Later, in a statement, he added, 'One hallmark of justice is absolute independence, and that was my touchstone every day that I served.'
It was a clever move.
As Danny Cevallos, a CNN legal analyst, explained, 'As impolite as it seems, demanding resignations from US attorneys is actually standard operating procedure in the DoJ when a new administration assumes power... But a US attorney being fired instead of resigning? That's a big difference. It's also very rare.'
'It's a clever chess move by Bharara: force the firing, make the administration look like the tyrants. It's not like it hurts Bharara; this is one legal luminary whose job prospects will not be harmed by being "fired" from his last job,' Cevallos added.
As CNN legal analyst Paul Callan observed, former US attorneys from this district have even ascended to the New York City mayor's office after their tenure.
A firing like Bharara's was especially 'unusual,' Cevallos added, because he 'is a superstar among US attorneys, and the man who 'struck fear into Wall Street and Albany.' Albany is the seat of the New York state government.
On his historic appointment
I appreciate what it means to be the first Asian-American, or Indian-American US attorney in Manhattan, nominated by the first African-American President. And it means a lot to a lot of people. (When appointed, he was also the highest-ranking Indian-American law enforcement officer.)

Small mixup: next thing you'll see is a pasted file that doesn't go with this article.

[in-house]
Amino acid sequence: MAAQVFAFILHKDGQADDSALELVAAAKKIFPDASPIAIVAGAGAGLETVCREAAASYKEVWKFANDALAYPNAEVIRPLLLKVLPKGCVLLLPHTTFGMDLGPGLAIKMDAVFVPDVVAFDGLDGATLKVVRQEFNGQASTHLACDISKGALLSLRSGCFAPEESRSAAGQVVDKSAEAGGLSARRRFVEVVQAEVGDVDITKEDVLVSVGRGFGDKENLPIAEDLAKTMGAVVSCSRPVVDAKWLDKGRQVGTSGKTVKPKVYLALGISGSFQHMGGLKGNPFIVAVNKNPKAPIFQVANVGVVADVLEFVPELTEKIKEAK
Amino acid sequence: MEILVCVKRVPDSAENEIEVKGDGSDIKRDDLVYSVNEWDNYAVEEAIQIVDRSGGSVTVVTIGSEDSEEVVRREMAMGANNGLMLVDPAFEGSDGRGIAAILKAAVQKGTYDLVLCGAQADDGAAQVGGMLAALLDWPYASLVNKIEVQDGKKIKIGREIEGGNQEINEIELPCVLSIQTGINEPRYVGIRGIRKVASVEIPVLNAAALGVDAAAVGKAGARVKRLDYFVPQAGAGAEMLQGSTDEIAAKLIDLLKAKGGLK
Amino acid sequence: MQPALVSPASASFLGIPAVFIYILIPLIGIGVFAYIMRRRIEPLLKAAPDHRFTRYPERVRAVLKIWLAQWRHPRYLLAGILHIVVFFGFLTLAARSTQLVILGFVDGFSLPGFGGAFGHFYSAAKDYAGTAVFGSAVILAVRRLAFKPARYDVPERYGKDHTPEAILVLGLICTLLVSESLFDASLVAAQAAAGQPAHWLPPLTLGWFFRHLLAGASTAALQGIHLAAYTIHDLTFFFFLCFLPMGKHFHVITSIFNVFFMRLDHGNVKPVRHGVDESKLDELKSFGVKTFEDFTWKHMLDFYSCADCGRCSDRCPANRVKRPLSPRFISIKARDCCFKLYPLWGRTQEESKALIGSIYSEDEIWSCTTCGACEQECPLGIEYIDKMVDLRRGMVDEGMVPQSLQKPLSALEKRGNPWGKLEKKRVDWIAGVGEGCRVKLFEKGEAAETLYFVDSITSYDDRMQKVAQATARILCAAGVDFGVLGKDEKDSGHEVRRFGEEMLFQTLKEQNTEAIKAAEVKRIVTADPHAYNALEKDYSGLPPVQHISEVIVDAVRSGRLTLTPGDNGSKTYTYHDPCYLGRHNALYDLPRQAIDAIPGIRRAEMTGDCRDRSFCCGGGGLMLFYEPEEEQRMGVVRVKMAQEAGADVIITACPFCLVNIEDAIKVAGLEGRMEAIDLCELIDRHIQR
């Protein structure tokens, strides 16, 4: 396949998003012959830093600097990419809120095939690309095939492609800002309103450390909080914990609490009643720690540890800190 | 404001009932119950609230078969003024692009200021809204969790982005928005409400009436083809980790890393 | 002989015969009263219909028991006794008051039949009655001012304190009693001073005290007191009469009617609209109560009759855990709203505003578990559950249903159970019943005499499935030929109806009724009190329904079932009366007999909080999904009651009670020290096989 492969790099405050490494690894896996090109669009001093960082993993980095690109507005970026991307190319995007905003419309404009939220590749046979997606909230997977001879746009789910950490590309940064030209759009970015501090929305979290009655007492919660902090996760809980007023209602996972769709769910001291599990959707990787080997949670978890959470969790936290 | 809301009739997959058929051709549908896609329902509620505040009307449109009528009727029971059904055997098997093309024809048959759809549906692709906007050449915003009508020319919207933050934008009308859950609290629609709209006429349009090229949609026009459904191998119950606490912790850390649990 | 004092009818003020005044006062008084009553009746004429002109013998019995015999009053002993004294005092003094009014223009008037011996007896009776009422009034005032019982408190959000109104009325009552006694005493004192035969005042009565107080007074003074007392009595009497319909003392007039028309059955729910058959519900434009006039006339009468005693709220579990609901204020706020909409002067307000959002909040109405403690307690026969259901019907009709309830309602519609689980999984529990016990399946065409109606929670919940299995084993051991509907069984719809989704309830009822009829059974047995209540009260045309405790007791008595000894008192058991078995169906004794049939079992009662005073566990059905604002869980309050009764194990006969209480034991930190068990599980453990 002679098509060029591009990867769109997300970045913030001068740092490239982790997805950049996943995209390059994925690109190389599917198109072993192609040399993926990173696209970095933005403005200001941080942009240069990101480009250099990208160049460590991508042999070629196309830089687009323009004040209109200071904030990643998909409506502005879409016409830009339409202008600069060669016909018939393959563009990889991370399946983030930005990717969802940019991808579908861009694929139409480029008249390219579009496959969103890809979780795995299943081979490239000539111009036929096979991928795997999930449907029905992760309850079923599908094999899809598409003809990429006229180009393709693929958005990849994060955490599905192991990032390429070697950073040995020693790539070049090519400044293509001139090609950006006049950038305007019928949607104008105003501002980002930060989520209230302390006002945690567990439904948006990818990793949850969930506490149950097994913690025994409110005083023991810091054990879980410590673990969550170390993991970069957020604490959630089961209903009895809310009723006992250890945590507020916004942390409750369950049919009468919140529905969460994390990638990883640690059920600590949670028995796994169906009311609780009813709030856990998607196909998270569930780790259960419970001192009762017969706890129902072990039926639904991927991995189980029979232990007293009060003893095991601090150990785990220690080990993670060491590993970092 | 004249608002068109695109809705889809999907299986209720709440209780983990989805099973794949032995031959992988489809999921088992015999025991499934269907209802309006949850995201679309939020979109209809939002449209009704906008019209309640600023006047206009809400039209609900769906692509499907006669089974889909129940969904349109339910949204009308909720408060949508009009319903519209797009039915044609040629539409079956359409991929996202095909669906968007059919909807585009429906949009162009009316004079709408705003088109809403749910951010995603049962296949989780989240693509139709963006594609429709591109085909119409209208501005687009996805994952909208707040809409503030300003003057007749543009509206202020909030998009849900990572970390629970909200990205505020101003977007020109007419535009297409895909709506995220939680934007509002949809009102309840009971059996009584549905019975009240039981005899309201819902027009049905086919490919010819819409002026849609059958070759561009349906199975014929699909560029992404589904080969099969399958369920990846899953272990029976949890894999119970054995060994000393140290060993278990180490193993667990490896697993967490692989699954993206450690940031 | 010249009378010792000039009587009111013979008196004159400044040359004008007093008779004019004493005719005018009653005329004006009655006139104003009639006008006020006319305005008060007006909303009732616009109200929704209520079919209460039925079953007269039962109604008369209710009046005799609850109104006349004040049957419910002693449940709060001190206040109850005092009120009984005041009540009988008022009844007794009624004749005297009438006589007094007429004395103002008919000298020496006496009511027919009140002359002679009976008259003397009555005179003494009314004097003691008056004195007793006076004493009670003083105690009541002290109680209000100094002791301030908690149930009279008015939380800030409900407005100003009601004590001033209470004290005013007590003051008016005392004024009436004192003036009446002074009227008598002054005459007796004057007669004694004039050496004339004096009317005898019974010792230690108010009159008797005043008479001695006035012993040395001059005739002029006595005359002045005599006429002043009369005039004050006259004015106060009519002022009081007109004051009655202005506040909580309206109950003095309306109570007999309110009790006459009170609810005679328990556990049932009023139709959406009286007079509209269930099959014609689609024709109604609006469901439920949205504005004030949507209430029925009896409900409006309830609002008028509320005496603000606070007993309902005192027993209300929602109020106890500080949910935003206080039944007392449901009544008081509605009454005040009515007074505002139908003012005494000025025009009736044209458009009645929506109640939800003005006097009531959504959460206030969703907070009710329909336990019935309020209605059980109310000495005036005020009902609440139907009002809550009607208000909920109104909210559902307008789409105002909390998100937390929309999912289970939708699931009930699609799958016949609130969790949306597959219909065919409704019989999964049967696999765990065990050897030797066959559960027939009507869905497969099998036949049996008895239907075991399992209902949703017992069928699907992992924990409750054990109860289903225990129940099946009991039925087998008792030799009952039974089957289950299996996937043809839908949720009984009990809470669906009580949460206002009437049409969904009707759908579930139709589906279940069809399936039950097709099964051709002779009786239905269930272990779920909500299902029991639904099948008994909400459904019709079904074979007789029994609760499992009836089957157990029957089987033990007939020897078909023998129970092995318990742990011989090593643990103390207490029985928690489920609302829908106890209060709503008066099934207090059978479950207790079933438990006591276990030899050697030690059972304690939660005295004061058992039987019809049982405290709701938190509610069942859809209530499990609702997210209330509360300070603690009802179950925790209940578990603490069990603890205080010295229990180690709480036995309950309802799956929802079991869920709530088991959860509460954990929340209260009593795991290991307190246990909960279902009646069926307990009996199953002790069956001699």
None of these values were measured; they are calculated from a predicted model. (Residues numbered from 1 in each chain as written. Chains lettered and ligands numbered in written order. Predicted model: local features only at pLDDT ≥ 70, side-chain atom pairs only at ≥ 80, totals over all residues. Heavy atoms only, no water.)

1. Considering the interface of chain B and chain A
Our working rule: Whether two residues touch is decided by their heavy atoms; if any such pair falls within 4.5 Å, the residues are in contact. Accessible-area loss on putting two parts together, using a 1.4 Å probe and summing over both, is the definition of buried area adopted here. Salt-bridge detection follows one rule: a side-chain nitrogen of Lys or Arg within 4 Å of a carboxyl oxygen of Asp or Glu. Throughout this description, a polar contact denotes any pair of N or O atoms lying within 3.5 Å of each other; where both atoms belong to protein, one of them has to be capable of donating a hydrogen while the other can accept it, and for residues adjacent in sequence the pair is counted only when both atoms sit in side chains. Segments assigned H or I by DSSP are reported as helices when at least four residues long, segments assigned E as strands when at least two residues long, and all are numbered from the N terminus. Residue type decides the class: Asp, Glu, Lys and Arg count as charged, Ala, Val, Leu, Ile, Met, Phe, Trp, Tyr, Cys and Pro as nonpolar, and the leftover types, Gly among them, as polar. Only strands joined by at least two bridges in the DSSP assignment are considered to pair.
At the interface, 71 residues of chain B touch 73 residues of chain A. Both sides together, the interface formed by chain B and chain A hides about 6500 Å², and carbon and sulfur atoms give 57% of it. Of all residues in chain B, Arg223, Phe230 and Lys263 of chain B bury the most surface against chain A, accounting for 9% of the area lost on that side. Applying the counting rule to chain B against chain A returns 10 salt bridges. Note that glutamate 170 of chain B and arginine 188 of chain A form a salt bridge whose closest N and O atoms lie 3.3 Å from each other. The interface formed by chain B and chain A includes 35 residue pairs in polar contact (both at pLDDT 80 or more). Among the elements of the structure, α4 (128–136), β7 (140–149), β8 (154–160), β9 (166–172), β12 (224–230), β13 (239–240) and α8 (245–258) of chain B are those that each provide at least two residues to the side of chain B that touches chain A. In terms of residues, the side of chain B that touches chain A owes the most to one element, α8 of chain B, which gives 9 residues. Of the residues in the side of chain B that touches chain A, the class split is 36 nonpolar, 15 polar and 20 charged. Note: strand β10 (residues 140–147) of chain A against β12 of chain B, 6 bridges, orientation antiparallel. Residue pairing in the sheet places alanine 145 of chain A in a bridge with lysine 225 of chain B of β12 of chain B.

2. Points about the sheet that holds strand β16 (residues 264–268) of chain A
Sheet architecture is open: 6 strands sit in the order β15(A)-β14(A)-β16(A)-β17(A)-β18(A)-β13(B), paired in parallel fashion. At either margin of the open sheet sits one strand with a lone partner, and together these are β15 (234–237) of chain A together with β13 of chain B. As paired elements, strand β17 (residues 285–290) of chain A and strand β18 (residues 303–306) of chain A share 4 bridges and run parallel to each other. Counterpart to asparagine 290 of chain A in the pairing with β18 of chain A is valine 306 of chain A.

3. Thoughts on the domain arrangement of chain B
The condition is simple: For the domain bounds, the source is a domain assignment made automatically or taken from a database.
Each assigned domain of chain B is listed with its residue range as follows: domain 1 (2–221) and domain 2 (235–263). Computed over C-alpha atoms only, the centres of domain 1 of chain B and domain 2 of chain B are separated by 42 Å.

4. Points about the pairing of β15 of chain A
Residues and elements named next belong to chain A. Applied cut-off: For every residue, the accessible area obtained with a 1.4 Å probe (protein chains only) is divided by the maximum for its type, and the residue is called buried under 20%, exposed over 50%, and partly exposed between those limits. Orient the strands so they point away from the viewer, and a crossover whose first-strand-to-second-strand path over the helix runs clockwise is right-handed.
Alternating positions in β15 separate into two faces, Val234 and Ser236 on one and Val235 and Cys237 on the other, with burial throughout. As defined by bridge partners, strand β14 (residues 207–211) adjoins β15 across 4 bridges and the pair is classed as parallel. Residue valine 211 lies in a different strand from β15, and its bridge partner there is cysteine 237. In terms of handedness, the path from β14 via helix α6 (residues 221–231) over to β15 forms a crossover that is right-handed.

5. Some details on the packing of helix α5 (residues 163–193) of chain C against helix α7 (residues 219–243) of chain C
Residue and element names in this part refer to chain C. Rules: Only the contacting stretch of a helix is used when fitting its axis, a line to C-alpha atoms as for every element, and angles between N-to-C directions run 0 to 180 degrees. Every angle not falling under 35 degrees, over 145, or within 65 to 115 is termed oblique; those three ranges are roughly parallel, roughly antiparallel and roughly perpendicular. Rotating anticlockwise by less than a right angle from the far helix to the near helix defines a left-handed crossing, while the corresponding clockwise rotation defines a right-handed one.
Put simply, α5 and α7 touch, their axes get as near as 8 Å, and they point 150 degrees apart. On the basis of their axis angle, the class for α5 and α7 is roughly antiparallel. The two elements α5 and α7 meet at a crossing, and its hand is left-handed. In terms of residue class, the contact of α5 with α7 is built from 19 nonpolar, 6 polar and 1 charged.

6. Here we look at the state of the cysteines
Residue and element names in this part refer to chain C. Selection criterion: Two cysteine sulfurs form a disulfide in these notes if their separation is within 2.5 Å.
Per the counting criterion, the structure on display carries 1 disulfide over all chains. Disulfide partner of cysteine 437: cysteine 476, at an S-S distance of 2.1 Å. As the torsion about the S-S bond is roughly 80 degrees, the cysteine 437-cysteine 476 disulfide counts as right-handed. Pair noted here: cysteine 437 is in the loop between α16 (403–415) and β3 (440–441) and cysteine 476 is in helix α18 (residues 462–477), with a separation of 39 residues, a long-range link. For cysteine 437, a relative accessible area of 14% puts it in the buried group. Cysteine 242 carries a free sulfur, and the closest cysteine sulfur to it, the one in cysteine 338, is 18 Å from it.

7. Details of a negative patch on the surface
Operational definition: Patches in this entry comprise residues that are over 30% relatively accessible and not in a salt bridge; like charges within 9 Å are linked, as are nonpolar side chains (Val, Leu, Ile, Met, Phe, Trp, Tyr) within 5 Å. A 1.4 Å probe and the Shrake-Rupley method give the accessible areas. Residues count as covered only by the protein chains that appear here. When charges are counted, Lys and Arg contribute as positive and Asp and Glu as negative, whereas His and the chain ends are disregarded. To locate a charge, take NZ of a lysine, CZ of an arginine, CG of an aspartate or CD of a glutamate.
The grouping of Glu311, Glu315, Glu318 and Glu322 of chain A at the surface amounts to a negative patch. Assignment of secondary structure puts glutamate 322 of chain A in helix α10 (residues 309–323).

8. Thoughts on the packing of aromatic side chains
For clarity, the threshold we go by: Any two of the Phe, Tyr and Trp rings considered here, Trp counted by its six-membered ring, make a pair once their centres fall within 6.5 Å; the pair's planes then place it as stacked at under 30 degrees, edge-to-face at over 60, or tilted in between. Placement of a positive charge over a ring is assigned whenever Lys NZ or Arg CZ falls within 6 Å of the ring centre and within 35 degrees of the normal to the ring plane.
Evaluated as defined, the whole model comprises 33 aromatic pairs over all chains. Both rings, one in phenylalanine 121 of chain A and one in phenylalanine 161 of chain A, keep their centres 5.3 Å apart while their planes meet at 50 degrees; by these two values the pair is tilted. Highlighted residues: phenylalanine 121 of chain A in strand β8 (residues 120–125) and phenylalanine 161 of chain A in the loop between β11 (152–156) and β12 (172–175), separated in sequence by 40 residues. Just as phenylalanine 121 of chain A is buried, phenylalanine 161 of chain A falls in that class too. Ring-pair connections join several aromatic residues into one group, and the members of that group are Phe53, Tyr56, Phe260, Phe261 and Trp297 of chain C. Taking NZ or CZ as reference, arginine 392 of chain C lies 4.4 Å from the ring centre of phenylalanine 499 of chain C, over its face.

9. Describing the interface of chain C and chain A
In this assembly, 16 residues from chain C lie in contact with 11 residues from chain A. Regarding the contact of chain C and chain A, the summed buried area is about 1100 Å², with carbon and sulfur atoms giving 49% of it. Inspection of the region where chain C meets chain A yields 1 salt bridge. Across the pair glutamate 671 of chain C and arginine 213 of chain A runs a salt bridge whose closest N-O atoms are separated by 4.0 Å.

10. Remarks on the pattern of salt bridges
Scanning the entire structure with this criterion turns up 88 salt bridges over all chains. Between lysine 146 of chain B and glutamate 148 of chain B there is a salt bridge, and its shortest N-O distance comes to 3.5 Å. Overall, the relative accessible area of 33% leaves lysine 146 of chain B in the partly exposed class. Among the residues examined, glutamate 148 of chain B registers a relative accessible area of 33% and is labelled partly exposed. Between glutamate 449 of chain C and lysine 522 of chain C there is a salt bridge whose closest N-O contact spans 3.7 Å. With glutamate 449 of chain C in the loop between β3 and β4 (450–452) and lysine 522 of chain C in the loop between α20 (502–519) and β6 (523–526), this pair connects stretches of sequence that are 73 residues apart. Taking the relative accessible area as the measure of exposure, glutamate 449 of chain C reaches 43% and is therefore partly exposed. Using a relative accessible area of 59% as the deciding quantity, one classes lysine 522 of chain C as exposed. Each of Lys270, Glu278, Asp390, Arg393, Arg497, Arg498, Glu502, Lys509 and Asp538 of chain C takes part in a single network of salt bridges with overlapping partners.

What it mostly teaches me is... everything is possible in America.
When you have a name like Preet Bharara and you can still become the US Attorney for the Southern District of New York, where people who have held this position before have names like Whitney North Seymour and Robert Morgenthau Jr, whose photographs line the wall outside my office it tells you anything is possible. That's what I think the most important thing about it (is).
However, in my day-to-day job, once you realise it's a nice thing to be the first, it doesn't matter much after that. As I often say... it doesn't matter who's the first Indian-American this or African-American that. What matters is what you do when you get the job.